Just how tough will Western Europe get if Soviets move into Poland?
Any Soviet use of troops against Polish workers would force Western Europe into actions it still hopes won't be necessary: Freezing arms-control talks with Moscow, renewing talks with the US on possible boosts to NATO defense spending, suspending diplomatic contacts, and halting trade.
The questions then would be: How deep would the deepfreeze policy turn out to be? And how long would it last?
Much would depend on how far the Soviets go in Poland, how gallant Polish opposition is, and how much blood is shed.
There is little doubt that Soviet tanks in action against Solidarity free trade union workers would have a deep effect in Bonn and London, would stir opinion in France, and be condemned also in the smaller European capitals.
Beyond that, reactions would differ in tone and depth for various reasons.
The West German government could be expected to freeze trade with Moscow. Although Bonn is now the free world's largest trader with the Soviets, and has been so for several years, the trade amounts to only 2.2 percent of West German trade worldwide, and only one-fifth of German trade with the far smaller Netherlands.
The foreign policies of Chancellor Helmut Schmidt and his foreign minister, Hans-Dietrich Genscher, are geared to "ostpolitik" (the window to the East). Sources in Bonn report recognition high in the government that Poland is a special case -- too close for Bonn to press ahead with business as usual if the Soviets invade.
The French, too, are said by sources in Brussels and at the recent Eurosummit in Maastricht, to have been very alarmed by the Soviet invasion of Afghanistan and relentless Soviet arms programs.
While some skeptics see current French closeness with Secretary of State Alexander M. Haig Jr. dictated by President Valery Giscard d'Estaing's desire to impress French voters, other sources see a definite French cooling toward Moscow.
Here in London, Prime Minister Margaret Thatcher has repeatedly called for Soviet withdrawals from Afghanistan. She has warned of the dangers of a Polish invasion. She can be expected to support President Reagan's calls for a diplomatic and political freeze against Moscow if it does invade, and to agree to a suspension of arms-control talks.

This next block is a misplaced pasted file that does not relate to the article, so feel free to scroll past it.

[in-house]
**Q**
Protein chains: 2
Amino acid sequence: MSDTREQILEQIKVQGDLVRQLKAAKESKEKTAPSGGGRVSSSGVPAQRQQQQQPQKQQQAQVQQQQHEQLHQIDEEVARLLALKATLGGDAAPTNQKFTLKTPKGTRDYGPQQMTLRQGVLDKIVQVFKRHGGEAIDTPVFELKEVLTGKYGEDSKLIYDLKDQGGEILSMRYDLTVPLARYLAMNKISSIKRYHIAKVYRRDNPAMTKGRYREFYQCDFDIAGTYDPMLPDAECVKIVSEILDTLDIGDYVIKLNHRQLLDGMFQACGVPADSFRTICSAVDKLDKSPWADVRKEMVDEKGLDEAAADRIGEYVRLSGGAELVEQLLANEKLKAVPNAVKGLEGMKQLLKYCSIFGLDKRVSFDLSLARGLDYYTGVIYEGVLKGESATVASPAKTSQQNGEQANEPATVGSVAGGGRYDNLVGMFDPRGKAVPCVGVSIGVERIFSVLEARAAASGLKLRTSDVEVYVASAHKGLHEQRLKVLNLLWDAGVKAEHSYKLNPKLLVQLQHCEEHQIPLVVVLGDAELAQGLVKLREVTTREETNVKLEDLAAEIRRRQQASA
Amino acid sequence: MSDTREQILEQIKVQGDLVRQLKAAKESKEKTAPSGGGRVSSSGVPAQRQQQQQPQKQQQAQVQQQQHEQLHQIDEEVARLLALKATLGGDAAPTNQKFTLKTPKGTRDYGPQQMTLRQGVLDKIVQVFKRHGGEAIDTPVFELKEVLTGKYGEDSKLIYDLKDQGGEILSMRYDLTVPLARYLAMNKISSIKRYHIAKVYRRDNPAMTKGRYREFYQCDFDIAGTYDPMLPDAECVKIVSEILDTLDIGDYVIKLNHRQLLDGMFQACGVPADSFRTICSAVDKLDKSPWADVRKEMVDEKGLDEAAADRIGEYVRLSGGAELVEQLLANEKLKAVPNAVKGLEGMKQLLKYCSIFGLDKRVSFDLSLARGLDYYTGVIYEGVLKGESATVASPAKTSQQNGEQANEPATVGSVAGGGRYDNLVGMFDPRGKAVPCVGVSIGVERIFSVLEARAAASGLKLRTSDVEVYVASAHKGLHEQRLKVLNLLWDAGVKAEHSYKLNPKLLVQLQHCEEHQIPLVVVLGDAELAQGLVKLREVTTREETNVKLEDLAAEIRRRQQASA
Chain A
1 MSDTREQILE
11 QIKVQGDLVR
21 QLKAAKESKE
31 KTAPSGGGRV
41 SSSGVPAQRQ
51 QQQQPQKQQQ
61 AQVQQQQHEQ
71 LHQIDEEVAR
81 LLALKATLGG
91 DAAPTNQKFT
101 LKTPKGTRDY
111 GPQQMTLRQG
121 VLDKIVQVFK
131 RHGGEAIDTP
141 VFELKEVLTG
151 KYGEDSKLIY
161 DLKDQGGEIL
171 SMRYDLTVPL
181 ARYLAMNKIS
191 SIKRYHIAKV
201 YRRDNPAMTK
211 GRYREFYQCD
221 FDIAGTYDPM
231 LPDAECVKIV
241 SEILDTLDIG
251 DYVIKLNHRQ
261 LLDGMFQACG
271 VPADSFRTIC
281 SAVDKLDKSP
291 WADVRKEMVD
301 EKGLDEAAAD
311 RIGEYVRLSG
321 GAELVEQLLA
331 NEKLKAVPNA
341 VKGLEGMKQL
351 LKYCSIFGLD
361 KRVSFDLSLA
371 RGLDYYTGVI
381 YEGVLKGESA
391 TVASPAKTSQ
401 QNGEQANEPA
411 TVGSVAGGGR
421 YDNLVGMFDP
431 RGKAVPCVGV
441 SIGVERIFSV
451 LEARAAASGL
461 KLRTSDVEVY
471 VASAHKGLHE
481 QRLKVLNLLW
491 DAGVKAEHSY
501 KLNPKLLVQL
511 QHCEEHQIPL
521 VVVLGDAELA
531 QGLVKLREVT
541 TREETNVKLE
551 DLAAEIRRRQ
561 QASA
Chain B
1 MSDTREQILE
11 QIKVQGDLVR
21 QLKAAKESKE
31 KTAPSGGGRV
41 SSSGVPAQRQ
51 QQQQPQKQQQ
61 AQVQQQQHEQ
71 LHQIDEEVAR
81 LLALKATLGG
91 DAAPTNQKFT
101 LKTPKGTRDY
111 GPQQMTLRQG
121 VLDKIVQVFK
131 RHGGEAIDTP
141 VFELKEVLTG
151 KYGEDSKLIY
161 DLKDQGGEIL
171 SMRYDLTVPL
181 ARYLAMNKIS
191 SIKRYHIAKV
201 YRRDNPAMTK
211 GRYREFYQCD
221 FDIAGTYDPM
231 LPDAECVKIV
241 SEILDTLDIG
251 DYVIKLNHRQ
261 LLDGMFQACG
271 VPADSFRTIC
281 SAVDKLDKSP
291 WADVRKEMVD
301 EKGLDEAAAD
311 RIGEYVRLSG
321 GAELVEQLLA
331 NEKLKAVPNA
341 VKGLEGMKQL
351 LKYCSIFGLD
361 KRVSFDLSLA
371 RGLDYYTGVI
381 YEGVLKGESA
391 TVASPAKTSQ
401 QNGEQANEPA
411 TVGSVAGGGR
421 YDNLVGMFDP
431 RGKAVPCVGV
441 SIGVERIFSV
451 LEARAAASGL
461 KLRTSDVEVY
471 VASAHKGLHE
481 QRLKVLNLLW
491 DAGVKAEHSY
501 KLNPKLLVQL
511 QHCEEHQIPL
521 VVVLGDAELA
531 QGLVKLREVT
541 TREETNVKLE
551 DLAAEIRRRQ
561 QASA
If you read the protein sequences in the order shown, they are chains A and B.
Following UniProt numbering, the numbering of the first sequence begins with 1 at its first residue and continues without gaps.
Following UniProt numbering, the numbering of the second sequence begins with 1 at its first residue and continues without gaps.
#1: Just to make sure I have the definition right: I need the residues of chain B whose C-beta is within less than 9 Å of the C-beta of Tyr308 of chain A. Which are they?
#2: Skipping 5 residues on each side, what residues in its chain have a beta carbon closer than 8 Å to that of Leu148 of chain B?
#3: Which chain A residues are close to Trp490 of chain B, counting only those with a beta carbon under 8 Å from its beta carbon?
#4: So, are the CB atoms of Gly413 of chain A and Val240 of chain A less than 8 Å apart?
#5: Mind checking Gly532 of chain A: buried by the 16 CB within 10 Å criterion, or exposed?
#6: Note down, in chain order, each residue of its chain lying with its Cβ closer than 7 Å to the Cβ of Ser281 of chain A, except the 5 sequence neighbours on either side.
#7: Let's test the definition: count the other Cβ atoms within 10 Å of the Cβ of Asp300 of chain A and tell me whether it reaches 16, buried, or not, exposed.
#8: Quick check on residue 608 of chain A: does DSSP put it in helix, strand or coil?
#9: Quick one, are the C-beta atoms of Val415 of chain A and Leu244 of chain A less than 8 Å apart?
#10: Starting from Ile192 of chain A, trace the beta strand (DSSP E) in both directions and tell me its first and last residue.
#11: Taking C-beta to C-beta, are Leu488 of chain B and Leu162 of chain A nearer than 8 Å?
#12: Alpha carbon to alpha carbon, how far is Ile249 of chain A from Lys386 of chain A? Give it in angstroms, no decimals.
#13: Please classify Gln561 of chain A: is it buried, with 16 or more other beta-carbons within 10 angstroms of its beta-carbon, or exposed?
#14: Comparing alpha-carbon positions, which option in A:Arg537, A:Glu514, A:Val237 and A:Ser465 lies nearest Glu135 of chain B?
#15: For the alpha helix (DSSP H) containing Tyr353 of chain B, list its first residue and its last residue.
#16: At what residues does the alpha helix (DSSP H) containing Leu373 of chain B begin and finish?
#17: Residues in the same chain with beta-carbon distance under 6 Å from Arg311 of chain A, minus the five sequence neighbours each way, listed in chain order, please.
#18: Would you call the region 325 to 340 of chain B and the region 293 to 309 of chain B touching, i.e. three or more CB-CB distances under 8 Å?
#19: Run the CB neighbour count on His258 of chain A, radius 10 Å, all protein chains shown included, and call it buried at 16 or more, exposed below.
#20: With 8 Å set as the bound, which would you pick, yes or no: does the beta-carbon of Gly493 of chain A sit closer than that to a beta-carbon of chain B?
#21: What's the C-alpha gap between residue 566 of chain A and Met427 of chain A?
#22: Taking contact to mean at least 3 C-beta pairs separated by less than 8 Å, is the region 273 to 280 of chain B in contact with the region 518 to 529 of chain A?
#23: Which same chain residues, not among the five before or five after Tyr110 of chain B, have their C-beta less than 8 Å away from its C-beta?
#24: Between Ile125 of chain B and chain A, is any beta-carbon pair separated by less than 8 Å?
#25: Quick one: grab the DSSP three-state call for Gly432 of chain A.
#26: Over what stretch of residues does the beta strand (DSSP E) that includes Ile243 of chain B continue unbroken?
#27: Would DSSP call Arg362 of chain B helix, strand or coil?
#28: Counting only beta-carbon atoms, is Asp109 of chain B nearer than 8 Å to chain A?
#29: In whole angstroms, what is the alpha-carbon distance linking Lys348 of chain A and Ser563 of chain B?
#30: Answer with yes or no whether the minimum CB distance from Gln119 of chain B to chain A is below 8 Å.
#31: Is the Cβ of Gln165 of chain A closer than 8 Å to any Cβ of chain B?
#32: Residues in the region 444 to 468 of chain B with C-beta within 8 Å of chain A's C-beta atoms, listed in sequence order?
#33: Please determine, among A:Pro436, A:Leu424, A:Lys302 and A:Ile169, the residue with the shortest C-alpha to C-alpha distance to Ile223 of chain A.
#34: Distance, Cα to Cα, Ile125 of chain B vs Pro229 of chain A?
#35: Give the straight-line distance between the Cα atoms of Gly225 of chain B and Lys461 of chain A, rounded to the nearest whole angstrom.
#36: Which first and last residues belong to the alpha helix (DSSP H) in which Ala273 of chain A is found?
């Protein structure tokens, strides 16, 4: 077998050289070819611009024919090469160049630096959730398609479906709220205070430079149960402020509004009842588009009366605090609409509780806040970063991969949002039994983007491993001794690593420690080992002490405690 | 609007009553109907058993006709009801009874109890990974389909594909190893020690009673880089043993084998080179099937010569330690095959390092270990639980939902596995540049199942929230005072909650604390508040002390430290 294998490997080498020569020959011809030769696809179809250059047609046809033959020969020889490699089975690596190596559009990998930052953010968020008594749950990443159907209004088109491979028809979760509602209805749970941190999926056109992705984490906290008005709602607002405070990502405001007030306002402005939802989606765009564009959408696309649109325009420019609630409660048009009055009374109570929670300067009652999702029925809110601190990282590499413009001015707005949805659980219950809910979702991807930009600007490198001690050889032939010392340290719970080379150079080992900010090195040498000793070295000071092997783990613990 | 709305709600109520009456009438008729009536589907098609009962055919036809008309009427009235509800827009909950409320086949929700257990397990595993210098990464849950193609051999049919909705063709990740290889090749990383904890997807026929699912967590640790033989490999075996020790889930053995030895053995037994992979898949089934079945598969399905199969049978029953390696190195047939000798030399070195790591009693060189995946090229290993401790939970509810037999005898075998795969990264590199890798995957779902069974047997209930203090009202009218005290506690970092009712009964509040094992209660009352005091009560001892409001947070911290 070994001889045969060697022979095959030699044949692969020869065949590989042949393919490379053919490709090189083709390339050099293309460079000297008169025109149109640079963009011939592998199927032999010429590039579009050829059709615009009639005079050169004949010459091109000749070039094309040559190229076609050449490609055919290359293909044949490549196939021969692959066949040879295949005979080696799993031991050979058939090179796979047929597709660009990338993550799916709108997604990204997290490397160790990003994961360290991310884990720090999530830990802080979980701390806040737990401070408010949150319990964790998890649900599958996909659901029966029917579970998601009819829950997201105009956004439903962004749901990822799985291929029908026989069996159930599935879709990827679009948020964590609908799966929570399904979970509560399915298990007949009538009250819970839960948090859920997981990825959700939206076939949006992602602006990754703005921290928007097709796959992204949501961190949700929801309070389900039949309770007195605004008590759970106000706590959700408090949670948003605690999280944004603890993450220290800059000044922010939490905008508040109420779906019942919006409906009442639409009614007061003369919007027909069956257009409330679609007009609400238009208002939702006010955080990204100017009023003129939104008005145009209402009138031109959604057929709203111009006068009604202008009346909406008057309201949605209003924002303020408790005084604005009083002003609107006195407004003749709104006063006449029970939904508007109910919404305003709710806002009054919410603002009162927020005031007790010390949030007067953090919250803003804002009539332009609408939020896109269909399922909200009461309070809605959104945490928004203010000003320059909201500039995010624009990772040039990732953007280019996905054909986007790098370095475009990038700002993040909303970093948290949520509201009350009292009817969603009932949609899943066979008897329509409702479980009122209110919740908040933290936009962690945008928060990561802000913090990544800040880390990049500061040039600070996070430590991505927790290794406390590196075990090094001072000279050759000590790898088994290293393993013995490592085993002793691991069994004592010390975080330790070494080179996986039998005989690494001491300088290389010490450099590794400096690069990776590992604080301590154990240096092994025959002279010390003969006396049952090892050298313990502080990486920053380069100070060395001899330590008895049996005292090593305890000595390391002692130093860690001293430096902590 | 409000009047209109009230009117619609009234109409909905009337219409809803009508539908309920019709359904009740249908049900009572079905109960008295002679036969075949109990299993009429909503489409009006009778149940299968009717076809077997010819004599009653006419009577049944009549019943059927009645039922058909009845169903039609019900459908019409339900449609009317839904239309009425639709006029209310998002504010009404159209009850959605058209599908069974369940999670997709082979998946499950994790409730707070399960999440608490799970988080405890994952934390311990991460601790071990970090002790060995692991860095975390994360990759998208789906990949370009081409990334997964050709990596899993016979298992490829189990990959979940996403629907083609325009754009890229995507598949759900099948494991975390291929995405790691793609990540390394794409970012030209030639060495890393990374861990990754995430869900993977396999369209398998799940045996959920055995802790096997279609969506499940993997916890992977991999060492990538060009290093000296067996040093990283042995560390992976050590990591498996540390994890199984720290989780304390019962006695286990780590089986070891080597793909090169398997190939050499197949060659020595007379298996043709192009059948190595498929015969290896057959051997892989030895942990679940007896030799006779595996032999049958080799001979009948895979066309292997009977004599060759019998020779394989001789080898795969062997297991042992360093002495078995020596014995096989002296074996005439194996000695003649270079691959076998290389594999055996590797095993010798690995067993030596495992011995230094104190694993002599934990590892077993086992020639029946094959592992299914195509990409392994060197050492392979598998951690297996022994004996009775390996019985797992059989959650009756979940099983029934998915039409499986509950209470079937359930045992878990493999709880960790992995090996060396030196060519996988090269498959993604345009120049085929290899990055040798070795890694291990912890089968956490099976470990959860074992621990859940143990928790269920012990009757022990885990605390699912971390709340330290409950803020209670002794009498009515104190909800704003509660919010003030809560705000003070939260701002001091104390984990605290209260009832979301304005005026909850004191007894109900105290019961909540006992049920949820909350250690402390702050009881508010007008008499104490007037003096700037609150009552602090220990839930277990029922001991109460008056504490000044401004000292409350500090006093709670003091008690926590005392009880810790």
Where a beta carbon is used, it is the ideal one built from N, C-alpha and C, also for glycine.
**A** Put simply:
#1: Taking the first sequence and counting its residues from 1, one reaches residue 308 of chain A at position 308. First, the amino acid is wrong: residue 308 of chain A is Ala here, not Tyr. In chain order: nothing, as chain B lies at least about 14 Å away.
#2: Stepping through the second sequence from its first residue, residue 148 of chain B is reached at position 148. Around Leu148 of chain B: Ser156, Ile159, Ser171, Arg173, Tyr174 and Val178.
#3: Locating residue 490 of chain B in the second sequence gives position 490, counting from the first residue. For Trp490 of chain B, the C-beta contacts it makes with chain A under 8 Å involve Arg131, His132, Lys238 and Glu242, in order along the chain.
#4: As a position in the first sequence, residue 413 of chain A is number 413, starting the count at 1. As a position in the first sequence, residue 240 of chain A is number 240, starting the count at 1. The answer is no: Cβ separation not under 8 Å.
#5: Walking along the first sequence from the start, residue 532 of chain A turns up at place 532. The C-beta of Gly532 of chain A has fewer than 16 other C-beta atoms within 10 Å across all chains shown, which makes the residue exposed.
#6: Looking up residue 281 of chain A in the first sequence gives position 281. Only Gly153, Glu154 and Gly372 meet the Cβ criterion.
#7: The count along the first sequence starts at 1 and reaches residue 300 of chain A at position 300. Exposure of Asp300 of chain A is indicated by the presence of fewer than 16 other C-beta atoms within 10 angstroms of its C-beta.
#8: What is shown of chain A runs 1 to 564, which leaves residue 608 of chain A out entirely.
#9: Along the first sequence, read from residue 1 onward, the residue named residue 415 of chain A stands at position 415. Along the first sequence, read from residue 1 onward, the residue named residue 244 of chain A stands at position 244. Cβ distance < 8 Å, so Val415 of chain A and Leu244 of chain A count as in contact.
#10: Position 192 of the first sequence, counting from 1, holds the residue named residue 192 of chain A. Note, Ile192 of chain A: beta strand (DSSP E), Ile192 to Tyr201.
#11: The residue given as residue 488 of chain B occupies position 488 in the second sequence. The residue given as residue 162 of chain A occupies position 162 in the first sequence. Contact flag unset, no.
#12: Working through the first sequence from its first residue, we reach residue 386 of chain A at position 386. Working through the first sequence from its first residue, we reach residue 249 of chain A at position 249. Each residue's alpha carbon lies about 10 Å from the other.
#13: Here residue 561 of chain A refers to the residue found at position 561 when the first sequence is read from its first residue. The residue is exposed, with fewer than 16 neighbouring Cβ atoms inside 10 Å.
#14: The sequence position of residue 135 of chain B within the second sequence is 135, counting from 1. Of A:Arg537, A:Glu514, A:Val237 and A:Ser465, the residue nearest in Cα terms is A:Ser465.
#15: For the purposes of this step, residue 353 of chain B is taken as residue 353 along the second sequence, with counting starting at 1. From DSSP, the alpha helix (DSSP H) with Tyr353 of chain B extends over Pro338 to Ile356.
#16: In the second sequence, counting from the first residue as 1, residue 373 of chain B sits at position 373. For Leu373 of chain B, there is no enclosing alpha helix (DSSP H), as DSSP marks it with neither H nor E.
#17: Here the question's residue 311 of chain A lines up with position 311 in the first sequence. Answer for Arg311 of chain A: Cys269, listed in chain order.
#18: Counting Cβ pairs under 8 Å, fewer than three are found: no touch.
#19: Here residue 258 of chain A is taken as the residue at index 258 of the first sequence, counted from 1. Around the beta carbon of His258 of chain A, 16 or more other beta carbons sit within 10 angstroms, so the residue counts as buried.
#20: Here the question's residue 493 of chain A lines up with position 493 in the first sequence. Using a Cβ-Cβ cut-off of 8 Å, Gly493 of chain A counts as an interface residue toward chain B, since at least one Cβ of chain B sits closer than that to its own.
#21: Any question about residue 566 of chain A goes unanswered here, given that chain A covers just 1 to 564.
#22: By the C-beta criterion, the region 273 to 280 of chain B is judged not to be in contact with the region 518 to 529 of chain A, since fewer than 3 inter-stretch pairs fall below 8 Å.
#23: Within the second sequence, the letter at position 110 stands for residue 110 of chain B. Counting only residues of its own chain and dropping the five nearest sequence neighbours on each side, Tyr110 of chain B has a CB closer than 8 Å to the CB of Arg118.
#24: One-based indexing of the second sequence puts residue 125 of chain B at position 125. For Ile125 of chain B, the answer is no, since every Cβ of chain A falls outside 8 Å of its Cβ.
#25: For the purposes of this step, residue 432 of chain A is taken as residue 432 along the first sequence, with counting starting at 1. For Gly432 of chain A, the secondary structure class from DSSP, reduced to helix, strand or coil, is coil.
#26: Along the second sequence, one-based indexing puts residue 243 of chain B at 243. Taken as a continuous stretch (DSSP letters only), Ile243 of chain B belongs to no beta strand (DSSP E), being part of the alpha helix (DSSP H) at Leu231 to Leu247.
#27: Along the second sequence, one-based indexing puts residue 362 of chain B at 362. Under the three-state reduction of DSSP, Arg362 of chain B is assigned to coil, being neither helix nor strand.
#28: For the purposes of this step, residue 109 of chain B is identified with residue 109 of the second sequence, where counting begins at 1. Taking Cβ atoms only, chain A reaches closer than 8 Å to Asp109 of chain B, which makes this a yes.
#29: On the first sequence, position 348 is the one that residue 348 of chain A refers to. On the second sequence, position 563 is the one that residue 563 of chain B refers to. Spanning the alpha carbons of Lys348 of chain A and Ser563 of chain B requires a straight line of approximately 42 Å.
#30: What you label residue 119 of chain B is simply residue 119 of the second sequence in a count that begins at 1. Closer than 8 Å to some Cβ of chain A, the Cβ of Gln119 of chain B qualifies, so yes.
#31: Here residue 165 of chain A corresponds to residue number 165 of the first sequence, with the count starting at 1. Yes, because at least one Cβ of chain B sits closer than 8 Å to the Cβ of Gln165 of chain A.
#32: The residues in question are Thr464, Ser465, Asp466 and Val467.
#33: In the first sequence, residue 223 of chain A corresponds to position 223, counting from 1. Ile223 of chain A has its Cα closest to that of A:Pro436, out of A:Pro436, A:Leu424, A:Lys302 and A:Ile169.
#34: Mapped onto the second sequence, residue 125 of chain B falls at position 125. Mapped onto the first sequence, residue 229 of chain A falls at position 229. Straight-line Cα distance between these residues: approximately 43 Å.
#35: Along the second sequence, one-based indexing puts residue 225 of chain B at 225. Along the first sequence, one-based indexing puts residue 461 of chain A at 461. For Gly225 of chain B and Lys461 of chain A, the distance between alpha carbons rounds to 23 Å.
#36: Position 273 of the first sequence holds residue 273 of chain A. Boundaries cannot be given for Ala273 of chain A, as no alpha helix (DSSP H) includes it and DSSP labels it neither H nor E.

So the big three European powers are likely to support Washington on measures toward Moscow -- for the short-term at least. Both France and West Germany would have economic reasons to want to resume normal trade and diplomacy fairly soon -- but again, that would depend on how the Soviets use force, and for how long.Neither would want disarmament talks suspended indefinitely.
Smaller European countries would be less keen to agree to American pressure for anti-Soviet actions.
They have liberal, left-leaning populations whose young people tend to be impatient with anti-Soviet warnings. They have led the fight against the NATO decision to install 572 American Pershing II and cruise missiles in Europe in 1983. Both Holland and Belgium have said final approval for missiles in their countries will be delayed for further review.
The US will hope that a Soviet invasion would at least tip the balance of opinion in the smaller countries toward the need for more arms to match Soviet SS-20 missiles and other expansionism.
Already the edge seems to have been taken off the anti-US missile campaign headed by the Dutch socialists and aimed at left-wing opinion in the so-called "Scandilux" group of countries (Holland, Belgium, Denmark, Norway).
Former West German Chancellor Willy Brandt, has spoken out against the Dutch plans to scuttle the missile program since the US has signaled its desire to push on with arms-control talks.
A NATO special consultative group was planned for Brussels March 31, a NATO nuclear planning group for Bonn April 7 and 8, and a semiannual NATO ministerial meeting in Rome May 4 and 5. By the time the Scandilux countries meet again May 10, pressure on the Dutch may well have escalated.